The following morning I appeared before the judge for my traffic violation. Brenda and Squeaky went with me. Since I’d failed to show on two previous occasion, the old man was in no mood for excuses, and fined me sixty-five dollars or five days in jail. I asked the girls to go out to the car and get some money I’d stashed under the dashboard. They went out but didn’t come back, and I spent five days in the cooler, not knowing that Charlie had already given the girls copies of my statements to the D.A.
Charles Manson had spent twenty-three years in prison. To me, five days seemed an eternity, particularly since I knew I’d pushed my own games to their limit. Though I was in a cell with six other guys – half of them murder cases on appeal, the others alcoholics – I felt totally and utterly alone. I thought about the others in jail. I thought about what going to prison actually meant. I thought about Snake, sitting in a mental ward. I would later see a transcript of a statement she’d made to the police. When asked who she was, she replied, “I am a butterfly in a flower palace… I live on a sea of sand.” Perhaps for the first time I began to see what was happening. Not the sensationalism, the publicity, the theory, the great spectacle that was being created to glut the public’s craving for “meaning and justice.” What I saw was the truth, that the distance between good and evil is short; that the fine line between sanity and insanity is one we all walk; that I was on the brink of self-destruction. Around me were four walls and barred windows and men, who, in the face of life, preferred to stay drunk.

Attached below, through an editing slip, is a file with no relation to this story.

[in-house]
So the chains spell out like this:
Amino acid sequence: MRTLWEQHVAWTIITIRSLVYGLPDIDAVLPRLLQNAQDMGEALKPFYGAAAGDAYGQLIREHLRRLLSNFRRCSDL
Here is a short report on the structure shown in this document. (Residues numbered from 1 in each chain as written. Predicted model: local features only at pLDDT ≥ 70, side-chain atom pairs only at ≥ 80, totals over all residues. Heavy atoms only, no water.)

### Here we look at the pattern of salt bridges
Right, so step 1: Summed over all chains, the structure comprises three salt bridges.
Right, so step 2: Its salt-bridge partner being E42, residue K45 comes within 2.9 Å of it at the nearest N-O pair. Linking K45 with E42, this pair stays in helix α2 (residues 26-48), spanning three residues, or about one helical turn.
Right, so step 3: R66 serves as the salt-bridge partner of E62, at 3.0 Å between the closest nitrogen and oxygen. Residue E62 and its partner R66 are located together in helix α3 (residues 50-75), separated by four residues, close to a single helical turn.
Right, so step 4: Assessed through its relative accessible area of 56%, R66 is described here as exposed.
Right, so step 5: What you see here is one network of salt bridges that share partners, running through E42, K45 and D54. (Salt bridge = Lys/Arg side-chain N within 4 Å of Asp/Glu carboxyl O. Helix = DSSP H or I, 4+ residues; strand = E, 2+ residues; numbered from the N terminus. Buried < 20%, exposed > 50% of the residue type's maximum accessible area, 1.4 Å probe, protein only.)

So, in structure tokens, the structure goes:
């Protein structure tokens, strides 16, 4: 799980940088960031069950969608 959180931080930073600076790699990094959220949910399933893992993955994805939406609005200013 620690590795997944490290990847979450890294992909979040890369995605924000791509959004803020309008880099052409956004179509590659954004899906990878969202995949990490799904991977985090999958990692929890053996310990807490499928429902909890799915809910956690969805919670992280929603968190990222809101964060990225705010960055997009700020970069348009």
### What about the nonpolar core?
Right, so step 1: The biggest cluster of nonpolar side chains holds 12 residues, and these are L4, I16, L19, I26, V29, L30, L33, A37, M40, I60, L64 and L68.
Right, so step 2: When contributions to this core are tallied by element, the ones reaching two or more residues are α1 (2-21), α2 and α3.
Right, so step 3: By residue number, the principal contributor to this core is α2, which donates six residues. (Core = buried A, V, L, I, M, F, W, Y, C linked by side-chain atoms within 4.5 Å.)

I was released in the morning (sometime around the end of March) and immediately hitchhiked up to Spahn’s. Five nights of insomnia had left me completely obliterated. Sandy, Brenda, and Squeaky were there waiting with copies of my statements to the police.
“What is this shit?” Squeaky shouted, springing to her feet.
“What?” I mumbled.
“Your goddamned testimony to the Inyo County pigs!”
“It’s the truth… it’s the -”
“Charlie always said we had nothing to hide… the truth will set you free.”
“It didn’t set you free, did it?” Brenda lashed out.
“You want to be free?” Sandy asked.
“Judas… you’re a Judas!”
I walked out of the saloon and up to the Story-Book House. I grabbed the keys to Mark’s van, then trotted up the trail toward the outlaw shacks where it was parked. I didn’t know where I was going, but I was getting the hell out of L.A.
I stopped in Chatsworth and put some gas in the car, then headed for Topanga Canyon, deciding to see Black Beard before I split. I was completely disoriented, feeling disgust one moment, anguish the next. My entire being seemed molten, slippery, and out of control, as though all levels of consciousness belonged to the sea – to its currents, its waves, its vastness. I felt like some hapless sailing vessel on the brink of a storm. Part of it was exhaustion; part of it was I had reached the end and the beginning at the same time.
COPYRIGHT PAUL WATKINS AND GUILLERMO SOLEDAD